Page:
The Brooding Surgeon's Baby Bombshell. Susan Carlisle
About the Publisher
THEIR NIGHT OF passion had started so innocently.
Dr. Gabriel Marks had taken the only open seat at the dining table. The petite young woman with the light brown hair and quick wit he remembered from the committee meeting six months earlier sat to one side of him. She smiled and said hello, as did the rest of the committee members.
Their chairperson had organized the dinner for those members flying in that evening. The next day they would all be attending the meeting at the High Hotel at Chicago’s O’Hare Airport.
As a transplant surgeon, Gabe was honored to serve on the liver committee of the National Organ Allocation Network. The group met twice yearly to discuss issues involving liver donation and policy. The professionals who made up the committee, as well as family members of patients, came from all over the country and represented different areas of liver transplantation. What they did was important and saved lives.
If he remembered correctly, the woman dining beside him was Zoe somebody, a former registered nurse who now worked for the Liver Alliance, a group that educated people with liver disease and assisted patients needing a liver transplant. The Liver Alliance did good work. He’d had some dealings with the group in the past regarding patients with special considerations, but he’d never met Zoe before joining the committee.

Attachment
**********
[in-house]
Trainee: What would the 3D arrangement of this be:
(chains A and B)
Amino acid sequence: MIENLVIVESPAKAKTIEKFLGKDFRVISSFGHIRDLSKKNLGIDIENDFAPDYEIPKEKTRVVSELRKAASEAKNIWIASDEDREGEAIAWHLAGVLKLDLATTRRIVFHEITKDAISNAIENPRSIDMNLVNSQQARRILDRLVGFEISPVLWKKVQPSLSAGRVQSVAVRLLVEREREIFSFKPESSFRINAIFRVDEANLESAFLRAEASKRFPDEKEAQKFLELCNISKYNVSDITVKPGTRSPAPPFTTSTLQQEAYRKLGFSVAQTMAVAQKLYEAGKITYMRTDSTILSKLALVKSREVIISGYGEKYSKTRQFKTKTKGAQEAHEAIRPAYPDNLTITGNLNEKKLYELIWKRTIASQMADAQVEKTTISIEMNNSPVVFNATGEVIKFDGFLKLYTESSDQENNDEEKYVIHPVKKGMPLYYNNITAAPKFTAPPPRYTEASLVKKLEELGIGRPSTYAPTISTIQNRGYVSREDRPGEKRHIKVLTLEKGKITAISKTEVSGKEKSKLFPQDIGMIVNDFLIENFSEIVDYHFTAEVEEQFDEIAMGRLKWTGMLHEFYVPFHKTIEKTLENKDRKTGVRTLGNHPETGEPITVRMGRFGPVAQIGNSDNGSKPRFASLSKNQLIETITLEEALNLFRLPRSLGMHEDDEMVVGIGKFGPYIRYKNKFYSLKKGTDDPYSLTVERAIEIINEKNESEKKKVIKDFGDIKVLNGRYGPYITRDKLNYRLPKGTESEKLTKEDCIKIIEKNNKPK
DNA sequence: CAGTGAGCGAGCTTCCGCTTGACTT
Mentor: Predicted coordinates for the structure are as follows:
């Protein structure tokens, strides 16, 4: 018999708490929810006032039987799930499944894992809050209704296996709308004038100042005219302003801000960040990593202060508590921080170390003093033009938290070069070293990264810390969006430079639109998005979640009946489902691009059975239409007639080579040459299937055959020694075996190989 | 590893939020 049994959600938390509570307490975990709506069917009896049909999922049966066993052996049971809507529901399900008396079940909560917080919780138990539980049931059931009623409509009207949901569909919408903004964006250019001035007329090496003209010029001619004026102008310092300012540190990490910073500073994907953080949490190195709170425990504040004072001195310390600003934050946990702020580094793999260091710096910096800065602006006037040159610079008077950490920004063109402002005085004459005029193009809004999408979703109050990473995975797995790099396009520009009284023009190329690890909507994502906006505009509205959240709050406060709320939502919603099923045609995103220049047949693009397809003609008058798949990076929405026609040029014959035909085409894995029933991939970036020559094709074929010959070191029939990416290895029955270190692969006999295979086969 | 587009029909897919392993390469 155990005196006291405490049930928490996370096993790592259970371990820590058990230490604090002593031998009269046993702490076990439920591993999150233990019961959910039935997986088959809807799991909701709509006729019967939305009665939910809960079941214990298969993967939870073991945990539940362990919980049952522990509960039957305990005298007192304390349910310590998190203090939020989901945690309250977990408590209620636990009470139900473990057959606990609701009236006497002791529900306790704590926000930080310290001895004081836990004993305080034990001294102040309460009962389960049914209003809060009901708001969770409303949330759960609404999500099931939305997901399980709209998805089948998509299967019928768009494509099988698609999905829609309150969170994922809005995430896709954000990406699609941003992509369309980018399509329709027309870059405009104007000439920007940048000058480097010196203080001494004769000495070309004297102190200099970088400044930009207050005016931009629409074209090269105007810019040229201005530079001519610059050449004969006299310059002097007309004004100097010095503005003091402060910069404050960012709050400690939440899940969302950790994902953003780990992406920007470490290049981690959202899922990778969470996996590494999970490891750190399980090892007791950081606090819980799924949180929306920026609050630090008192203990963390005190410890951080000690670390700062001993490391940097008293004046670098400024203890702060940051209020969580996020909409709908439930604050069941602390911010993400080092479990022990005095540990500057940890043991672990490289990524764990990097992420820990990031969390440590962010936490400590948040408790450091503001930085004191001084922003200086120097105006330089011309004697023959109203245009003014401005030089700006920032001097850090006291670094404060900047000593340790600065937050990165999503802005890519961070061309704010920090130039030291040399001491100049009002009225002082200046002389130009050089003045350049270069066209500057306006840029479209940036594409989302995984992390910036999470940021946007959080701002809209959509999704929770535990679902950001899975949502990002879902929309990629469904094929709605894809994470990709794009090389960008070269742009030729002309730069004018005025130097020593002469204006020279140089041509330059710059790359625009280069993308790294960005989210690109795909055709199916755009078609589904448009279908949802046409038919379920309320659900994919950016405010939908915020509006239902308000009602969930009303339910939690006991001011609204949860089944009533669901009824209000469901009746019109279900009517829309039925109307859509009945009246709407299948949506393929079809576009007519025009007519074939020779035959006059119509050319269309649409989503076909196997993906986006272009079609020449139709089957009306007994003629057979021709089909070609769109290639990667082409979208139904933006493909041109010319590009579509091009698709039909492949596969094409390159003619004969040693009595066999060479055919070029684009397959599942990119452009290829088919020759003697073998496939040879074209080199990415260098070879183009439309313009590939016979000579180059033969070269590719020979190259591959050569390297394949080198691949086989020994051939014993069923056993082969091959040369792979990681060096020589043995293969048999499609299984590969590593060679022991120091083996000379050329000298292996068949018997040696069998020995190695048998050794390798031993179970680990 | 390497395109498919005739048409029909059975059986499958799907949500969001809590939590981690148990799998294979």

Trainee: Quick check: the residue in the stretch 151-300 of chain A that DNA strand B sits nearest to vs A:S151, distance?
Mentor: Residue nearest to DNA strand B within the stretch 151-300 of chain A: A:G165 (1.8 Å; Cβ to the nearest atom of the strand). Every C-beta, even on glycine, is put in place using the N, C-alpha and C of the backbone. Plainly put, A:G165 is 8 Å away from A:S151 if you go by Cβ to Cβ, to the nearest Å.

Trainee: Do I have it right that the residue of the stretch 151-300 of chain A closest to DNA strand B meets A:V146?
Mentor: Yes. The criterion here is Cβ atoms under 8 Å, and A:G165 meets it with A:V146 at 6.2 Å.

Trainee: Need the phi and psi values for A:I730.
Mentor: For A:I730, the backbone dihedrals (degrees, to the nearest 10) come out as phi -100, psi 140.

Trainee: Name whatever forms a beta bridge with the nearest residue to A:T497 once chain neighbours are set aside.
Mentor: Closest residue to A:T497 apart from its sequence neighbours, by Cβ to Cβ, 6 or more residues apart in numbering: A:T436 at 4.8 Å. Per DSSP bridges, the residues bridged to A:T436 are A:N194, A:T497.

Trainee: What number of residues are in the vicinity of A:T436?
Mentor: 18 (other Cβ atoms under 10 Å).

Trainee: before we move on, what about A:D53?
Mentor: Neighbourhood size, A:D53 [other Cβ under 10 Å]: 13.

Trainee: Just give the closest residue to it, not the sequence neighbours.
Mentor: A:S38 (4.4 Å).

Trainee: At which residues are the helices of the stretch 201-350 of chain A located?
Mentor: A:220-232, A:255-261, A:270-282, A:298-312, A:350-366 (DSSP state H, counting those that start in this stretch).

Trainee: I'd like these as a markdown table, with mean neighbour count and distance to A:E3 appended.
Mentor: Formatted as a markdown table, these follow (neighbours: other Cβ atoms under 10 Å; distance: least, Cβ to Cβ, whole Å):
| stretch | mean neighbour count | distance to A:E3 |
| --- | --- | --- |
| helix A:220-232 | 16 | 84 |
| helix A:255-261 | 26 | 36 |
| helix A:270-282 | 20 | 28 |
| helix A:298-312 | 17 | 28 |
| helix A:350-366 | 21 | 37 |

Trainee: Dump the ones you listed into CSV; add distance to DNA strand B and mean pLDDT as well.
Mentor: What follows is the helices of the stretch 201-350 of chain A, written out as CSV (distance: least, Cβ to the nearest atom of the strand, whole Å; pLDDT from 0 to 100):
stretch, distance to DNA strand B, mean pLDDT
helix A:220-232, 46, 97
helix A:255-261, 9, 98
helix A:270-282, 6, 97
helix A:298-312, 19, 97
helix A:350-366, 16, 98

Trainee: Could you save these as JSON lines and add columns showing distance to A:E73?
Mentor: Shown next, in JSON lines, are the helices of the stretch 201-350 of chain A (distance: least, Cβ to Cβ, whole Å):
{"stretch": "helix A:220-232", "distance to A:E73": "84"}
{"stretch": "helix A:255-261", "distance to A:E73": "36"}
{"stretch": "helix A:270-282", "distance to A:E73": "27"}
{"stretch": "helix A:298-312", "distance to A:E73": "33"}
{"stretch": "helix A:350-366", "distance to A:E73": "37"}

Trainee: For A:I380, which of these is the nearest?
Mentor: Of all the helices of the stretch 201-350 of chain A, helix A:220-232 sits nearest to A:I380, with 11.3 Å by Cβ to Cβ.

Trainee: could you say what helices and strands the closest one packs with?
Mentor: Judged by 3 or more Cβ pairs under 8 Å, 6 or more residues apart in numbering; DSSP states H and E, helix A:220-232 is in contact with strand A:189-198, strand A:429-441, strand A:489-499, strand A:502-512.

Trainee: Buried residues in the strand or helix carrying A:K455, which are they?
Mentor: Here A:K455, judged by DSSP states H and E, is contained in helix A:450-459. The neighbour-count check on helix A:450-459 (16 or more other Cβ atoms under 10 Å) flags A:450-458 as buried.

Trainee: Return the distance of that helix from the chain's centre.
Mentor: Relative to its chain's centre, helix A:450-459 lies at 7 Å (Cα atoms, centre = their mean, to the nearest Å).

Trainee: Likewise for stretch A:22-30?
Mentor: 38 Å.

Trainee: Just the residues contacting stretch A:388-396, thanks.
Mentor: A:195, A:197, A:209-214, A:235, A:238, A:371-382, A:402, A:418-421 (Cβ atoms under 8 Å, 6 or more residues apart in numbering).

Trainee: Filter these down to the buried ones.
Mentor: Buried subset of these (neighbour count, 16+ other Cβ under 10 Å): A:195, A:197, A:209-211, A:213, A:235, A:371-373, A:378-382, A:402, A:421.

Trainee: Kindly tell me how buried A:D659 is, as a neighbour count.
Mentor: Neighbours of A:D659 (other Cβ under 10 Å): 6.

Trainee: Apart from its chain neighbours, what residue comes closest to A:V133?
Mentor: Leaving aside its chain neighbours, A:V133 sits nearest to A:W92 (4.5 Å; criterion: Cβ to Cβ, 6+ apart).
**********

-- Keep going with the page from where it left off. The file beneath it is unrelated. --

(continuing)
The discussion around the table was lively during their meal and he appreciated Zoe’s quick wit and infectious laugh.
The next morning, they had acknowledged each with a warm hello but had sat on opposite sides of the table during the six-hour meeting. When Zoe had spoken up, her remarks had been intelligent, enlightened and spot-on. He’d been impressed.
After the meeting had adjourned he’d headed to the airport to catch his plane home. But his quick check of the flight board revealed his plane had been grounded because of thunderstorms. Gabe was watching the word Canceled cascade down the panel when a groan of dismay had him turning around. It was Zoe.
She looked at him, her face screwed up. “Sorry. I hadn’t meant to be so loud. This wasn’t in my plans.”
“It never is,” Gabe responded.
“You’re right about that.” She looked up and down the concourse. “I guess I’m going to spend the night in the airport.”
“I bet if we hurry we can get a room in the hotel before everyone figures out what’s going on.” Gabe turned back the way they had come.
“A room?” Her voice squeaked.
He gave her a pointed look. “I meant a room apiece. Are you always so literal?”
She grinned, walking past him at a fast clip. “I knew what you meant. I just wanted a head start if there was only one left.”
He chuckled and hurried to catch up with her. A short time later they had rooms for the night. As they walked toward the elevator Gabe said, “I’m sorry, but I’ve racked my brain and still can’t come up with your last name.”
“Avery. Zoe Avery.” She chuckled. “That came out sounding a little James Bondish, didn’t it?”
He laughed. “Maybe a little bit. Would you like to meet for supper? Unless you have other plans.” He rarely had a night free of paperwork and he wasn’t going to spend this one by himself. Not when he liked this woman and was fairly confident she’d accept his invitation.
They entered the elevator. “What other plans would I have but to channel surf?” she answered with a grin.